Faced with a rising crisis of mental health, Lavni co-founders Laura Valentine and Marcus King have joined together to further a simple but essential mission: provide accessible, virtual mental health services to under-served populations.
Already, Lavni is providing mental health care to dozens of patients from traditionally under-served communities. The Durham-based startup will be pitching at this year’s CED Venture Connect summit on March 29-30 in RTP.
Faced with new levels of loneliness at the beginning of the pandemic, King was one of many who experienced new mental health struggles during quarantine. After speaking with friends about his feelings, he realized that he wasn’t alone. Especially as a man of color, he didn’t feel as though the mental health service was built for people like him.
“The stigma that comes with mental health is just really tough, especially for this demographic,” King said. “It’s really hard for us to be open, to be vulnerable, to express ourselves—the environment has to be perfect. That’s what I’m doing with Lavni. What I really wanted to do was to create an environment where it’s safe and where it’s easy to find that perfect person the first time.”
King knew he had the passion to make Lavni a reality, but as a data scientist, he needed a co-founder with a background in providing mental health care.
A mutual friend connected Marcus with longtime mental health practitioner Laura Valentine, a licensed mental health provider who has spent her career practicing in poor and under-served communities.
When the pair connected for the first time via Zoom, professional sparks flew. Valentine, too, had been noticing the changing currents around mental health awareness and the surging need for help in the populations she served. She knew firsthand that Lavni would fill a massive gap in care.
“For me it was a no-brainer,” Valentine said. “I wanted to be a part of this because it’s what I do every day as a clinical mental health counselor. I was in the trenches looking at at people struggling with their mental health, looking at our market. This is my passion.”
Before a potential patient scrolls into Lavni’s proverbial doorway, the company looks to make the path to care as smooth as possible. One huge barrier that many patients in under-served communities face is cost.
“No person left behind when it comes to mental health,” Valentine said. “We had to create a platform a service that was affordable, so that that someone who needs those services can have access.”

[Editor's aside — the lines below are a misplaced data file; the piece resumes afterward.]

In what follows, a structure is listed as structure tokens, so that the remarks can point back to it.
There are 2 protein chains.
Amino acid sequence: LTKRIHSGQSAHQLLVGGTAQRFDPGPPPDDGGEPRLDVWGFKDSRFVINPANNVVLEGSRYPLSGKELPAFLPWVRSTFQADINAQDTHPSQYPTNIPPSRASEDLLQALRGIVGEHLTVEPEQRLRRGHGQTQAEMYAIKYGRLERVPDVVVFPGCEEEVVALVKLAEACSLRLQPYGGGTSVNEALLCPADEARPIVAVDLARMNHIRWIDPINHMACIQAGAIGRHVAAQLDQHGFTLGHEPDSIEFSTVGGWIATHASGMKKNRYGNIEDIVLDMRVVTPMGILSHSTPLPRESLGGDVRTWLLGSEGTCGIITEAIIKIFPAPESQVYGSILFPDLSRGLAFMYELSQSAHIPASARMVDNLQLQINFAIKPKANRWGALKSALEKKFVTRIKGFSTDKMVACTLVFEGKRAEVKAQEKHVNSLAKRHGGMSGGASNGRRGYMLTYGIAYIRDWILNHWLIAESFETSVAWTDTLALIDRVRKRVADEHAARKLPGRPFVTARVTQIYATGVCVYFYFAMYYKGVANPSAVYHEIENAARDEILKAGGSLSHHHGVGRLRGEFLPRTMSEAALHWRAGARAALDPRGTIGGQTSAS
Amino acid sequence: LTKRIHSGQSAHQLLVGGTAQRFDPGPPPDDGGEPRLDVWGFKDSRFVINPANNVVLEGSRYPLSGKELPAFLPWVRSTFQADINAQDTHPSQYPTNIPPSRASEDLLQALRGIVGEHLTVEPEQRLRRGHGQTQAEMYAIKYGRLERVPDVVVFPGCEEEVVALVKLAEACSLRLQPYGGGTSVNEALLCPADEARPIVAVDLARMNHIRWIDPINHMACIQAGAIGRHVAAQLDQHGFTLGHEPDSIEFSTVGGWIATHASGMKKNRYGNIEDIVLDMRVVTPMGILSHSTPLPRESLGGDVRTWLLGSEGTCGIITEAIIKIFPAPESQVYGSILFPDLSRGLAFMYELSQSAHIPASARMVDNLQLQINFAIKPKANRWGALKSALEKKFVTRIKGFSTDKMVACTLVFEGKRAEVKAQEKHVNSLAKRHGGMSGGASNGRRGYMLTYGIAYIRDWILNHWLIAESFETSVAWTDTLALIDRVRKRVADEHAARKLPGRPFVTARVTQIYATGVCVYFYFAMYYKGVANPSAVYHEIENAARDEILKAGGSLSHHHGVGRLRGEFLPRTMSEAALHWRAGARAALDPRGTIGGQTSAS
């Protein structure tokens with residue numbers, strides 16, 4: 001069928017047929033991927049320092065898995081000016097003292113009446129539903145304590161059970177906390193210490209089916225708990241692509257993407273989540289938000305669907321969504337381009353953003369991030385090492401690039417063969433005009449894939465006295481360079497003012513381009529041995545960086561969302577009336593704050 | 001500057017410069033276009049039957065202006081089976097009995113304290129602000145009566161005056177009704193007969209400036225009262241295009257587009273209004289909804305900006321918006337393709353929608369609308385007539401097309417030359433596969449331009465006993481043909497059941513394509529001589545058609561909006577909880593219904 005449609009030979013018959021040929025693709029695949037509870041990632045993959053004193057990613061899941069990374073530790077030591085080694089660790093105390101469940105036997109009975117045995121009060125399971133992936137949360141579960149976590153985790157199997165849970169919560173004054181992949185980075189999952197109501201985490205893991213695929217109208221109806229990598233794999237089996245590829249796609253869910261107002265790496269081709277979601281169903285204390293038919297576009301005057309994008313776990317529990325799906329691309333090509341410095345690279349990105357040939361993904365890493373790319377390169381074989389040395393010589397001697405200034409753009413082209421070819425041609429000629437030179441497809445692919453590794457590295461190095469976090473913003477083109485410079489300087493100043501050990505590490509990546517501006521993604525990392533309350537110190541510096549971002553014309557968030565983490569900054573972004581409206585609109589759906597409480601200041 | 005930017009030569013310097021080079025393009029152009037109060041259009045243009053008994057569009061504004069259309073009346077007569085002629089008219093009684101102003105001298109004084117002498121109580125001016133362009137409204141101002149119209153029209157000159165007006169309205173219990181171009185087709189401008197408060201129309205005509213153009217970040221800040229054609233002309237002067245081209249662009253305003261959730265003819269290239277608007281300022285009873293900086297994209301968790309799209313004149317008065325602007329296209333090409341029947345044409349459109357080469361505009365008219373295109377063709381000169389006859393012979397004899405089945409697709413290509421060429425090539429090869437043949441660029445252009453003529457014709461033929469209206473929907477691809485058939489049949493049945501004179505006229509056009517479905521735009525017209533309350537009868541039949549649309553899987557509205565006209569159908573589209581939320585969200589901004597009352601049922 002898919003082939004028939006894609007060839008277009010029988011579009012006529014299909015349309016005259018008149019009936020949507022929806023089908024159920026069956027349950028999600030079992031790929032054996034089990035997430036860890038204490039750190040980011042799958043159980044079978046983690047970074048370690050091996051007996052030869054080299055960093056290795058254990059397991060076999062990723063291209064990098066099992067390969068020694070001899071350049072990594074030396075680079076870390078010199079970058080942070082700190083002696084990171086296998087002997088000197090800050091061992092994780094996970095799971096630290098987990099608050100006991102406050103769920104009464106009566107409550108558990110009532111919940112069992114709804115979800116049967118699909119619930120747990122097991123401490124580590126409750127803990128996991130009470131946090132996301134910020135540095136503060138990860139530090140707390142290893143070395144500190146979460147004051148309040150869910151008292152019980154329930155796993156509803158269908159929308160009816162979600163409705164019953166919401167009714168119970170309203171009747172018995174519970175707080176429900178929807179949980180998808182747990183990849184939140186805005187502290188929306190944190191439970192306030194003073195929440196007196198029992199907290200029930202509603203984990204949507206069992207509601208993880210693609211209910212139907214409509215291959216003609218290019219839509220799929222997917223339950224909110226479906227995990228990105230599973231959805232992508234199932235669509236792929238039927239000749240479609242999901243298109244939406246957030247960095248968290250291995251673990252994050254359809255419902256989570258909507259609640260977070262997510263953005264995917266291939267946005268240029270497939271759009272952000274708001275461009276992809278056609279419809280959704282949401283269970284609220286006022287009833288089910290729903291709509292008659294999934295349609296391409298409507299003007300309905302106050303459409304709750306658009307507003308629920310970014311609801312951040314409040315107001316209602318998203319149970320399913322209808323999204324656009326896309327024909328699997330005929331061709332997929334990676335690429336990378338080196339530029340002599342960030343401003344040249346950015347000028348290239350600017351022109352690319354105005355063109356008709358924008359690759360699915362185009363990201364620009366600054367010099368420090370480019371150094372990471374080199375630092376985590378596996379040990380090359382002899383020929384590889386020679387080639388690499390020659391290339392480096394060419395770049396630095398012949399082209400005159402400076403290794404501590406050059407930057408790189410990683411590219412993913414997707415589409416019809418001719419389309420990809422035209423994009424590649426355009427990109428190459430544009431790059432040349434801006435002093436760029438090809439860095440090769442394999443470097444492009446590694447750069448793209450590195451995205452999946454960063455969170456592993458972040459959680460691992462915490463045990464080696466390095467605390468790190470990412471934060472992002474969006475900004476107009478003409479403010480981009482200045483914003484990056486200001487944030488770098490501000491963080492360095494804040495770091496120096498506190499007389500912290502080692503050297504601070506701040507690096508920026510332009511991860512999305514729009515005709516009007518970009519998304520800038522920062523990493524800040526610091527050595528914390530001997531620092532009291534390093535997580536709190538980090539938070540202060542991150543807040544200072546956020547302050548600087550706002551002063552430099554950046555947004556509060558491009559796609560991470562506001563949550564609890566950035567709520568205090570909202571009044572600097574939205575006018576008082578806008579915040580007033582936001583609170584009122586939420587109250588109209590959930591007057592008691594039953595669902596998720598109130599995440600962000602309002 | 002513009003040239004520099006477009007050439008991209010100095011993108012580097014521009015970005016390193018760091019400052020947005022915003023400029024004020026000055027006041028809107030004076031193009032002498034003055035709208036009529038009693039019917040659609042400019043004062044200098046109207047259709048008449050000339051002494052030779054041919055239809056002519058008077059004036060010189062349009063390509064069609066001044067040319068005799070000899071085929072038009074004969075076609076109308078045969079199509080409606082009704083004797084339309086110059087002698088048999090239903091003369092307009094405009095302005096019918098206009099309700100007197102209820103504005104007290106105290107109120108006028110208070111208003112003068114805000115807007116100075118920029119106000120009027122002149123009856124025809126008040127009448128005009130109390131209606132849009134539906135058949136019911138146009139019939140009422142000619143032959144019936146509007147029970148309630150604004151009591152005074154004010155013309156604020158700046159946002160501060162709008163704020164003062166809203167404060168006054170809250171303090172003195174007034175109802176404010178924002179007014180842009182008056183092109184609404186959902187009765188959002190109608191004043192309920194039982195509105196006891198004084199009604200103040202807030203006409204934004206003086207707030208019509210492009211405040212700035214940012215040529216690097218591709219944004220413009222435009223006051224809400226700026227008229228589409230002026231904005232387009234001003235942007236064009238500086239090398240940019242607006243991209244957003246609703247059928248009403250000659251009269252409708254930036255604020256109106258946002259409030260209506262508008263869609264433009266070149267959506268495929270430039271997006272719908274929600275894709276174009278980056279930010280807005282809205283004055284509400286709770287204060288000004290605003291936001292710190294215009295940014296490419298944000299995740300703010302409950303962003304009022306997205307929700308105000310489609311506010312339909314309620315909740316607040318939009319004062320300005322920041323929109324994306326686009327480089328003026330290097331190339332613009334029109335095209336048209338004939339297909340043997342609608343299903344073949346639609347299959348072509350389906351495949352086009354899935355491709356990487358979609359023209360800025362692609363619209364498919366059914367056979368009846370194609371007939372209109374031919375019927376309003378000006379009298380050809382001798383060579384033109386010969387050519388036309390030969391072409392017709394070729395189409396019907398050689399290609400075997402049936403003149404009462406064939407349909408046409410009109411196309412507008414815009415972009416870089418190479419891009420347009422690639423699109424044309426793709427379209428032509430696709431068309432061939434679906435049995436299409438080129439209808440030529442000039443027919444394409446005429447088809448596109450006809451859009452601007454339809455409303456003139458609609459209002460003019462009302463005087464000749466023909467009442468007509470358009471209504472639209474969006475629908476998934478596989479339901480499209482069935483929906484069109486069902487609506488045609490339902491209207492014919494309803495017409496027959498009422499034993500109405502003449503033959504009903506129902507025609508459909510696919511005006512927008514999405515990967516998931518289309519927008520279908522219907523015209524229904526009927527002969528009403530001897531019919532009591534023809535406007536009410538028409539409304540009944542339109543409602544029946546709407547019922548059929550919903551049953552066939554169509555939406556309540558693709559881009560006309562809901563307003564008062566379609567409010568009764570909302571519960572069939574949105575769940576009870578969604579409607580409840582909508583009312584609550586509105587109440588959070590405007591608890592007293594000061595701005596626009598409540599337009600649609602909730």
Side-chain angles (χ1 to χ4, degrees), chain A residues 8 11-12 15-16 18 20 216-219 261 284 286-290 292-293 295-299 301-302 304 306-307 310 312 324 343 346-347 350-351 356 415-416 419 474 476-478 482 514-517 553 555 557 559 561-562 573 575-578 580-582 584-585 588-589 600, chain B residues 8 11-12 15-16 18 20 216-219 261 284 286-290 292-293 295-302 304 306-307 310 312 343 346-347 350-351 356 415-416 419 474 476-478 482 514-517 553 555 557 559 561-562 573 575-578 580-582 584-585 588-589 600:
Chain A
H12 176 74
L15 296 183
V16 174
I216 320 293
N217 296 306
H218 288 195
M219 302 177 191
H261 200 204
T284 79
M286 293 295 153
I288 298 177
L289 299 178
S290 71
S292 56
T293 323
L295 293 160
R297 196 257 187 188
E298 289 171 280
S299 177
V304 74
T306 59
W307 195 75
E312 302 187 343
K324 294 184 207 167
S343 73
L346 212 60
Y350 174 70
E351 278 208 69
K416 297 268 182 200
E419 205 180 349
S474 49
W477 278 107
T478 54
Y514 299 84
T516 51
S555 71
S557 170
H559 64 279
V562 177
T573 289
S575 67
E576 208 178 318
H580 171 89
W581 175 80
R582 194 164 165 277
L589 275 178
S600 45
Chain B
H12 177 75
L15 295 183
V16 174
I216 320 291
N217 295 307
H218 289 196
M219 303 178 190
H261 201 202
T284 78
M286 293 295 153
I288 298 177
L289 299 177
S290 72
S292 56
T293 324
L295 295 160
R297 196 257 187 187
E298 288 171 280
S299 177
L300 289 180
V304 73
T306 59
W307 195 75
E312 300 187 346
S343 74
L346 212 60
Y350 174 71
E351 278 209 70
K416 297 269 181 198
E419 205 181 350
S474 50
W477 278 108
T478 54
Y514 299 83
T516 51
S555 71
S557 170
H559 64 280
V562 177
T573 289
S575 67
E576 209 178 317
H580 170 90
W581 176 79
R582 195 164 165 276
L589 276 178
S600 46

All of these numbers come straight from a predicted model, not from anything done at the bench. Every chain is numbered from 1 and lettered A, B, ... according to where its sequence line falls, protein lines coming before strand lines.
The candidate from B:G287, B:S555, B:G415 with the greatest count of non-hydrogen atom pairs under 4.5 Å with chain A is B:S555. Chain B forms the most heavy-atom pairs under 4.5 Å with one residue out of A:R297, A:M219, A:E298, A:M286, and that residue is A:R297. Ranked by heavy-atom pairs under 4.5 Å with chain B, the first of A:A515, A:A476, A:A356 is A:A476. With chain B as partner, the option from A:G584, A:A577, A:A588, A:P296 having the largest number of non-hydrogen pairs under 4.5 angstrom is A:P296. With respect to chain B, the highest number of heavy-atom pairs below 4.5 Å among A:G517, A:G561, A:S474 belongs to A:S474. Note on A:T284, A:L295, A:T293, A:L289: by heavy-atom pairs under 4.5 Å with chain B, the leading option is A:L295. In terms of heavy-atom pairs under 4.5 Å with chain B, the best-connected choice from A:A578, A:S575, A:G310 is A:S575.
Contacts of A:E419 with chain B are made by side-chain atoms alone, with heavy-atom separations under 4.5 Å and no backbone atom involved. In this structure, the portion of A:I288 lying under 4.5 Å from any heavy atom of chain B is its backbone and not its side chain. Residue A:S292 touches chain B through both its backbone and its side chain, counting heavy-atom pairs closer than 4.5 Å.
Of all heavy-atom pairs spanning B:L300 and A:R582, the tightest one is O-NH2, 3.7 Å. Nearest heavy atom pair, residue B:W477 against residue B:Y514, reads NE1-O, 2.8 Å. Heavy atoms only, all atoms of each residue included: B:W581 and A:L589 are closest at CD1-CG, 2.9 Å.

The first service level, which is free, provides subscribers with mental health content, mentorship and a community of mental health solidarity. The second level—which costs $75 per week (billed monthly) without insurance—provides subscribers with weekly telehealth sessions with licensed mental health providers in addition to the other benefits. Insured patients can opt for the third level, which can provide the same level of care as Level 2 for as little as $0 a month.
Lavni offers three different pricing levels to make sure cost is not a factor for those seeking care.
The virtual nature of sessions allows for those who may not have time to drive all the way to the office or take off work to receive treatment, a model Valentine said is very intentional.
“From an accessibility perspective this is really, really important,” Valentine said. “We were able to have someone see a therapist during their lunch—they can go outside in their vehicle and be able to connect with their mental health provider.”
Another barrier to care that Lavni looks to eliminate is the anxiety that many patients face about meeting a new mental health provider, especially in communities where stigmas about receiving care run rampant. That’s why Lavni has a unique “avatar” feature that allows patients to go “incognito mode” in their sessions with a therapist.
The ability for a patient to hide their face may seem like a small thing or a Metaverse trend, but the co-founders and Lavni’s patients agree—it can have a huge impact.
“You don’t feel that pressure, but it’s something interactive that represents you instead of just the background and black screen,” King said. “I really, really love this feature, especially for the first session. They can get to know the therapist, and to know that person is there to help them. That relationship is built and then they can come up as themselves.”
King is putting his data scientist chops to work elsewhere in the platform. The platform also utilizes an AI-aided system that can expedite the process of post-session note-taking for therapists from an hour to just 10 minutes. Speaking from personal experience, Valentine said this feature is a game-changer for clinicians like herself.
“We want to be there as a clinician, we want to be present, we want to be with that client,” Valentine said. “The last thing we want to do is spend time taking notes.”
Just a few months after its platform went live, Lavni is serving dozens of clients,and is looking to expand its provider base. King is excited that people of color like himself will face less boundaries to care in the future. The more walls the mental health community tears down, the more patients in communities like his own can receive access to care.